Coping with stress in prison

Elliott, Andre

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Coping with Stress in Prison Living a restrained life in prison is very stressful and takes a toll on my mental well-being. I never imagined as a youth growing up in the Bronx that I would be sitting in prison serving a 55 year de facto life sentence for a crime I had no involvement in. The state of Maryland judicial system is categorically infected with unrepentant racism. The laws are enforced unequally, the courts are inherently racist, and the prison population illustrates the disproportionate number of blacks incarcerated. 76.2% of prisoners are black (15,386 of the states 21,194 prison population). Blacks are 18.9% of the state population of 5.1 million according to the 2010 census statistics. I have not abandoned hope. I believe I will regain my freedom when I have my post-conviction hearing. I've been incarcerated for 9 1/2 years. Every day is an emotional struggle for me on all levels. I am surrounded by individuals, primarily urban youth from Baltimore, who do not value their own lives. Most are members of street gangs, uneducated, poor social skills, and lack personal ambition. Living among these individuals serves as the catalyst for a portion of my stress. It took me a while to learn how to deal with the negative individuals who want others to share in their negative and counterproductive behavior. I do my best to circumnavigate their collective insanity. Early on in my incarceration I contemplated committing suicide, because I was determined that I was not going to spend the rest of my life withering away in a prison cell, death was a better option for me. I will never accept or resign myself to living a restrained life. I know several lifers including an individual who was 7 minutes from death courtesy of state-sponsored murder (death penalty) who adapted to living out their remaining days behind bars. Those lifers committed a homicide, I did not. I became good friends with a few of them. I never asked how do they cope serving life in prison, because I was afraid I would be asked the same question. Most are well-mannered, polite, courteous, and most importantly survivors. Recently I've experienced what seemed like unbearable stress. e.g. tension, excessive worrying, anxiety, insomnia, daytime fatigue, irritability, and muscle aches. At one point, my stress response system became exhausted I became so depressed I was ready to end my life. I hear people say suicide is a dastardly act, and life isn't smooth sailing. I never considered seeking from the Psychology Dept. because all they want to do is over medicate people, and if needed place you in a rubber room with a blanket wrapped around you. But eventually I knew I had to develop a sound, feasible plan to overcome stress and depression. I read a lot of self-help books. I don't fall victim to the constant lies disseminated by cable news networks, and I try not to think about my family. I only communicate with one cousin who hasn't turned his back on me. If it wasn't for him, I believe I would have carried out my suicidal ideations. I am glad I don't have any children to worry about. I also play video games to help mitigate stress. In conclusion, if anybody says prison is not a stressful environment they need to have their head examined. Prison is a psychological torture chamber designed [to?] handicap you from believing you're human. At the end of the day if I commit suicide due to stress my captors will achieve my unsought cheap victory.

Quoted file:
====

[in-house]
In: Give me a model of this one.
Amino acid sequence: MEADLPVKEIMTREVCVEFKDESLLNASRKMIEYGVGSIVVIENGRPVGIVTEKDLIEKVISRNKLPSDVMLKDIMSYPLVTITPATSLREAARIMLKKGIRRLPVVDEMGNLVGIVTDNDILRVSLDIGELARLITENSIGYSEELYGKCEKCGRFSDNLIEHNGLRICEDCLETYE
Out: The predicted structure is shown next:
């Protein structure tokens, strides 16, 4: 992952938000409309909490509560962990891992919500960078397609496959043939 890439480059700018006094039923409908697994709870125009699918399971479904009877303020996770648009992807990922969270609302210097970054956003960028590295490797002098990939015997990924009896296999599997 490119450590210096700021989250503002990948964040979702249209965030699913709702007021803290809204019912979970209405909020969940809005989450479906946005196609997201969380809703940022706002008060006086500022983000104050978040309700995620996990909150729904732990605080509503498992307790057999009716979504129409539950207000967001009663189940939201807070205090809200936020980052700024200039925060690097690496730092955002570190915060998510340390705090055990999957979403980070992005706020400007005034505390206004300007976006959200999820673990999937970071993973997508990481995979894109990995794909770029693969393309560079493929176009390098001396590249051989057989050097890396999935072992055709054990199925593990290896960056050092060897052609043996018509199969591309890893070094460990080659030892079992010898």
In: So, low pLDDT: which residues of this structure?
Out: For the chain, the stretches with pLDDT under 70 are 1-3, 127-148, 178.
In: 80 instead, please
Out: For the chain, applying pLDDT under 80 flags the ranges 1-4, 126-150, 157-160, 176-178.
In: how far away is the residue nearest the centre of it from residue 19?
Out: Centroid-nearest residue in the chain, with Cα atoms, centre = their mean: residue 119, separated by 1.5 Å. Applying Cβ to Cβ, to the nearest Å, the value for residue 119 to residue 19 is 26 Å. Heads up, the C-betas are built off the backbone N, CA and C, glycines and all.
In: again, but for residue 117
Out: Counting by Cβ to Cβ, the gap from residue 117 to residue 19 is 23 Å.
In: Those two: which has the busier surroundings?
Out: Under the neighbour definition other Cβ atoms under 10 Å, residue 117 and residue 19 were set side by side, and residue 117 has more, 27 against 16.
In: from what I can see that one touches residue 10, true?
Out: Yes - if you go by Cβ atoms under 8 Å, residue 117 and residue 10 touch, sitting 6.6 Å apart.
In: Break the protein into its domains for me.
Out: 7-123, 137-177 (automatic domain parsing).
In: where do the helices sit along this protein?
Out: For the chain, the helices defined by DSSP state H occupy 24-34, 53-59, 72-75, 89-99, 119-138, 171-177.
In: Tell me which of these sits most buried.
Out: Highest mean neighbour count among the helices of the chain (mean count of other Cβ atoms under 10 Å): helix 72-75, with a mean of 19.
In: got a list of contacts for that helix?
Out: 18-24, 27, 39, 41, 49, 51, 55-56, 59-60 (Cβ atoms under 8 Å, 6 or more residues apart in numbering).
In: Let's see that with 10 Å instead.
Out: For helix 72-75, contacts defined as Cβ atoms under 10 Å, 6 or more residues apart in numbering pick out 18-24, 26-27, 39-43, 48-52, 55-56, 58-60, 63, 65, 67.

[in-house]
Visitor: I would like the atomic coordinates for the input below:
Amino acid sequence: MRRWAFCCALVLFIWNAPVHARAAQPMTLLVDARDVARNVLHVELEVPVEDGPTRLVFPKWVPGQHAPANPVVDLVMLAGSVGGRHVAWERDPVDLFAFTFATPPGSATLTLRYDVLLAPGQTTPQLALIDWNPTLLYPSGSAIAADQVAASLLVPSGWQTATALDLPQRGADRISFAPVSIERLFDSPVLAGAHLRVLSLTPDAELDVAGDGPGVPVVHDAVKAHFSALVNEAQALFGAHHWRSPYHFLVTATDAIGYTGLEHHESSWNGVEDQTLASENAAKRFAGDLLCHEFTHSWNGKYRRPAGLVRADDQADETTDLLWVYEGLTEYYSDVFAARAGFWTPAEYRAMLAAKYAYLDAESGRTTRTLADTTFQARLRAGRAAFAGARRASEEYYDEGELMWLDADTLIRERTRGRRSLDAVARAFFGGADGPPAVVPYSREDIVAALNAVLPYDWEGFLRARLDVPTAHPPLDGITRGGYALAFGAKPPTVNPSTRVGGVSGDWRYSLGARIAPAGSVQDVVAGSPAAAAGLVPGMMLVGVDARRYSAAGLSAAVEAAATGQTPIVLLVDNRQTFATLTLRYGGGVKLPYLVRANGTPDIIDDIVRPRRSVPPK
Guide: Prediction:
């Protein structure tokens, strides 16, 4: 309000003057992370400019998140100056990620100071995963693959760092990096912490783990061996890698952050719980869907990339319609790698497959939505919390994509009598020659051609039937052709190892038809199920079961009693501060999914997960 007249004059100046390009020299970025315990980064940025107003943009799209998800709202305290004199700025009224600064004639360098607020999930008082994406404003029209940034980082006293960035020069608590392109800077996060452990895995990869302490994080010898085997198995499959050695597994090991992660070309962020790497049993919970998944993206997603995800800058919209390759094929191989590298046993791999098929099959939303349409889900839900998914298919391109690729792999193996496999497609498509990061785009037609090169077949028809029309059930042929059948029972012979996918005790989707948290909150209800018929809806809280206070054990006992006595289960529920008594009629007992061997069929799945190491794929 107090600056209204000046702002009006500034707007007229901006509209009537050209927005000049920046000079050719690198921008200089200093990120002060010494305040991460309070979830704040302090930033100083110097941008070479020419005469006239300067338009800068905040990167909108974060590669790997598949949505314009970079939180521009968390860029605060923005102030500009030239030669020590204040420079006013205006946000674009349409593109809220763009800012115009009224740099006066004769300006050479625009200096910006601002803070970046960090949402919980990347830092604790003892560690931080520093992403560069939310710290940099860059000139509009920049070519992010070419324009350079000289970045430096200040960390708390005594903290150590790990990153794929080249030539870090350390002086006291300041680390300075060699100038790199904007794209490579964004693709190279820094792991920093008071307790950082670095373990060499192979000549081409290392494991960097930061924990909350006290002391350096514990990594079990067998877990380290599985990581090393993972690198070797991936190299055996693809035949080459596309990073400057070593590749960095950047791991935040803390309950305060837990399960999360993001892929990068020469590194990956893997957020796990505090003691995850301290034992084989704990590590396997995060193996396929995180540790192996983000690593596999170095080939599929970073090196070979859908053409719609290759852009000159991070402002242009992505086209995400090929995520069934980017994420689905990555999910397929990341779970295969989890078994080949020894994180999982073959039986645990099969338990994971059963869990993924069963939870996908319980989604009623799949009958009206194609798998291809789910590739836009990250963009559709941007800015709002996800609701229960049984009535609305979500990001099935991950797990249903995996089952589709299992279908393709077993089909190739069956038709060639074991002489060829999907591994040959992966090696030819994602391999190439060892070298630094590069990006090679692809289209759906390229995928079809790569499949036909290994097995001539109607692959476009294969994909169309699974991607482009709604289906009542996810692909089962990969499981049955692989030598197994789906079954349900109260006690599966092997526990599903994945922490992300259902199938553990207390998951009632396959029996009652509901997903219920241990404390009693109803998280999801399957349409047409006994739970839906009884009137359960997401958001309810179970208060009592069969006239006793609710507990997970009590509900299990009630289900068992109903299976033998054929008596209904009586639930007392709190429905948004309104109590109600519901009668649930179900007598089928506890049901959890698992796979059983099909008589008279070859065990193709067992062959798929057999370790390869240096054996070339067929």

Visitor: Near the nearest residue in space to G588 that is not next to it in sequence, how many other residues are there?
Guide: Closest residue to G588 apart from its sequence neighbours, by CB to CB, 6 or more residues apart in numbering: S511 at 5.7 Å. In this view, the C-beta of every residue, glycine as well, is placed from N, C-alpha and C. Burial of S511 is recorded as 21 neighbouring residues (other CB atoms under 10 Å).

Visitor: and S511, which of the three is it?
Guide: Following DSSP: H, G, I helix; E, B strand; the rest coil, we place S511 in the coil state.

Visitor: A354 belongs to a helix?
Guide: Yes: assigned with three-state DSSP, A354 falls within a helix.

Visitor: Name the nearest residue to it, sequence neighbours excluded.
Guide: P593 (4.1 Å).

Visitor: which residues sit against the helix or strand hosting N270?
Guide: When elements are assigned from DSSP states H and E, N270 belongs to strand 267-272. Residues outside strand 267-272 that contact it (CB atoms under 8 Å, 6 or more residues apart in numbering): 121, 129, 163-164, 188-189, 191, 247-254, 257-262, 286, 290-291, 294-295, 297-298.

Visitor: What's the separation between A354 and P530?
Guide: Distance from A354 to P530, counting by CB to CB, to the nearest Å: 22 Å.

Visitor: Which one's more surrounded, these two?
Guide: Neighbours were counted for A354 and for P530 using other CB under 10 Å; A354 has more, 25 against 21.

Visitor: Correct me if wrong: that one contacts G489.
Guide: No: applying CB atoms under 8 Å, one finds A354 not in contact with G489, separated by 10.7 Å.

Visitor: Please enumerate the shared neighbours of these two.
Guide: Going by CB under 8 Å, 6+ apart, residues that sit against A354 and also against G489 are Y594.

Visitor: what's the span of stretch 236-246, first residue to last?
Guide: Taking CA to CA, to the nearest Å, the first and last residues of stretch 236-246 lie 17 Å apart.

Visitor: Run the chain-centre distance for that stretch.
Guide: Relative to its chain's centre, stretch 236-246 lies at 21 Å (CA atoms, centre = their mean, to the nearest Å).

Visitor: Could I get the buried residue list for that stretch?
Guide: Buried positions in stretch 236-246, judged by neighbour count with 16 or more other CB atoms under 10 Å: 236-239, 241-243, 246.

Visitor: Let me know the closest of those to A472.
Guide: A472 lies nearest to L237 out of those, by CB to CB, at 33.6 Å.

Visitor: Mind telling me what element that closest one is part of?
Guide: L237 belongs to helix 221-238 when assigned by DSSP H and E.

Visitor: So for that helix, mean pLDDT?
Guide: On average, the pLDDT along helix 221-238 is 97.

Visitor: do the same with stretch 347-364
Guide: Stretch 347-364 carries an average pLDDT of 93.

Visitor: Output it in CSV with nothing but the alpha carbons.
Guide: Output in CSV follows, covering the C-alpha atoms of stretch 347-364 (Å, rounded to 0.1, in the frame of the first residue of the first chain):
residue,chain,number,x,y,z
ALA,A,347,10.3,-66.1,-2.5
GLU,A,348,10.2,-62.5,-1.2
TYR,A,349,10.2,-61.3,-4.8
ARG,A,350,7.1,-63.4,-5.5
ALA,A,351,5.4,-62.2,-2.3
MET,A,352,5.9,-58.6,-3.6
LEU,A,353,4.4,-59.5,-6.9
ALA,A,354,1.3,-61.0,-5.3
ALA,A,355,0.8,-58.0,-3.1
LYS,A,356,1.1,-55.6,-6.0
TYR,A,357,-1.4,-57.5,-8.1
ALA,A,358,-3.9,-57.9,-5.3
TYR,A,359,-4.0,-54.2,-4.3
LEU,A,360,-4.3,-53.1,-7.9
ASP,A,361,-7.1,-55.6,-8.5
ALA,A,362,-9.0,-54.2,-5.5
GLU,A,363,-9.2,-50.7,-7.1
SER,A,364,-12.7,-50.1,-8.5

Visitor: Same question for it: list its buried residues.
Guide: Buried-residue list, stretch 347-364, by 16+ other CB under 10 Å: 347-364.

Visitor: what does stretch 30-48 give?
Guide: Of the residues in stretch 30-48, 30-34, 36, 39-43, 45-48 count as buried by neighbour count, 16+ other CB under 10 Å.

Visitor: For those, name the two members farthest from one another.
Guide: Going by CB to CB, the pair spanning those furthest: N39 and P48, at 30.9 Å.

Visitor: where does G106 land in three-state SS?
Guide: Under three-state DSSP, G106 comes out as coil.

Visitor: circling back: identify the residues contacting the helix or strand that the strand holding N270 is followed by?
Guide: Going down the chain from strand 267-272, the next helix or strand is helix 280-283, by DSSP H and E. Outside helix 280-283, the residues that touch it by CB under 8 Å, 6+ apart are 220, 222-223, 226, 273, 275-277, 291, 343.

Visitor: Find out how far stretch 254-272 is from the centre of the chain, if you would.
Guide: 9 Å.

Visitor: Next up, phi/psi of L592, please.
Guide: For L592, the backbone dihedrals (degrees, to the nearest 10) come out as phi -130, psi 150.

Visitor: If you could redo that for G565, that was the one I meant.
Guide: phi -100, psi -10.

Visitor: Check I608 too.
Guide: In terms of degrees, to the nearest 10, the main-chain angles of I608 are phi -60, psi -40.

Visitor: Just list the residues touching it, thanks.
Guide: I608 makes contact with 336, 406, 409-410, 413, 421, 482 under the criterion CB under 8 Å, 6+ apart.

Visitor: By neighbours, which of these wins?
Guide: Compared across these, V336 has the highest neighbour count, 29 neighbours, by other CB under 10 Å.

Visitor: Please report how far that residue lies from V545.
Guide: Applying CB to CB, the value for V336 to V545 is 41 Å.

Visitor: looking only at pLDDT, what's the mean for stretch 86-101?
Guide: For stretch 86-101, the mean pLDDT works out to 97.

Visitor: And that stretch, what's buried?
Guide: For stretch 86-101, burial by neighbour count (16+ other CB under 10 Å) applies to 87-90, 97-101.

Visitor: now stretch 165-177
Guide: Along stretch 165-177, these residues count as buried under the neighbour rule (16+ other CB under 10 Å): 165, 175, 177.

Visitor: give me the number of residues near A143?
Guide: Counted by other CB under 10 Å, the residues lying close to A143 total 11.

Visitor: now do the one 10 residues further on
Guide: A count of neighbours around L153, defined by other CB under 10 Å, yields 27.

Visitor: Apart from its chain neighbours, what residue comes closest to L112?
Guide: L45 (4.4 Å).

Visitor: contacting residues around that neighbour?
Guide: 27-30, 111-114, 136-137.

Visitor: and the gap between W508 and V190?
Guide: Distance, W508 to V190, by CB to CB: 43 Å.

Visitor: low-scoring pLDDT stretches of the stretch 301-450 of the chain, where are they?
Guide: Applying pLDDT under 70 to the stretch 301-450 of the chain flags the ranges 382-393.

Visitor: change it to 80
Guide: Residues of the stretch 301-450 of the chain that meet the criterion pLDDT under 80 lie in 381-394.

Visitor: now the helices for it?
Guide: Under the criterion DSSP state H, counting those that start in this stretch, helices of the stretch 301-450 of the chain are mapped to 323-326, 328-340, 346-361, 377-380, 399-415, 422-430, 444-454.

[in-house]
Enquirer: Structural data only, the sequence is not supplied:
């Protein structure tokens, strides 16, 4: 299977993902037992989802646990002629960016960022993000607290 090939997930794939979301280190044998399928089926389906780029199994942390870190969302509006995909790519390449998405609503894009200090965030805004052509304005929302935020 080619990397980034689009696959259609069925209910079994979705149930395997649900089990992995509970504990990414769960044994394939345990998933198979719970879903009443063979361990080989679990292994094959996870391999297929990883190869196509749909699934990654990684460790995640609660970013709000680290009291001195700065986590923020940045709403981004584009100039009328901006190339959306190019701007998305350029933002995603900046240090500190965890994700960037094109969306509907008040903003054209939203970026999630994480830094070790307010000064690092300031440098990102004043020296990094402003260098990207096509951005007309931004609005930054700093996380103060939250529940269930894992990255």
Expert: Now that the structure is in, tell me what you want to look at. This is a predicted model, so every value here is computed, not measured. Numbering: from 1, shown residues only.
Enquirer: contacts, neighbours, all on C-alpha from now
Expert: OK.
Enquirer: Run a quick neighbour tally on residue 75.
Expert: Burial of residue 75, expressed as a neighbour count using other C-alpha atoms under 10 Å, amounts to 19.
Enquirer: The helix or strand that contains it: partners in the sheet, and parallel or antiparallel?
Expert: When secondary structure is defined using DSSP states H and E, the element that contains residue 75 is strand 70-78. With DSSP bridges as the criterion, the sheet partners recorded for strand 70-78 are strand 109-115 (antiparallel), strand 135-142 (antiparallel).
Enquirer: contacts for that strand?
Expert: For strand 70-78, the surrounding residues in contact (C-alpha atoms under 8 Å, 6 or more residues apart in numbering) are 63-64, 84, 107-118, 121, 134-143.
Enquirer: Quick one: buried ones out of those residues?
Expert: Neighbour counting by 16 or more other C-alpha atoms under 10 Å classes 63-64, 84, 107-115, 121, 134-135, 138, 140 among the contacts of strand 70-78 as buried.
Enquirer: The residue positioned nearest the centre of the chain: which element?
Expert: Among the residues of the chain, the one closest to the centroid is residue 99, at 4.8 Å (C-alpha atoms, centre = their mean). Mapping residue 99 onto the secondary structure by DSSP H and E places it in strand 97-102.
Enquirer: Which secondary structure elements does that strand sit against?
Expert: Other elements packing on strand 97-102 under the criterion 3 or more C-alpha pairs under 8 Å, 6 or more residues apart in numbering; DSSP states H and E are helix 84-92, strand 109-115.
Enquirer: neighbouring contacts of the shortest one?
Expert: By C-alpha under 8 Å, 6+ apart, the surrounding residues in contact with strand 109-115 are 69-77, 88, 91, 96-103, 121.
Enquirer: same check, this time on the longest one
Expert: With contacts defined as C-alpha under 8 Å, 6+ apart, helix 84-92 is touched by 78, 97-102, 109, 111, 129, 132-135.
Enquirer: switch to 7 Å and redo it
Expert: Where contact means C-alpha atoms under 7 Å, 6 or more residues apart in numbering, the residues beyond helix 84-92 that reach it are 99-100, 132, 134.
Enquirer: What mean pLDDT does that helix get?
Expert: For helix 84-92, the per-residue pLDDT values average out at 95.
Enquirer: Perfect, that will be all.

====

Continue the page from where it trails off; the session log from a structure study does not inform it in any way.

Author: Elliott, Andre

Author Location: Maryland

Date: October 18, 2016

Genre: Essay

Extent: 3 pages

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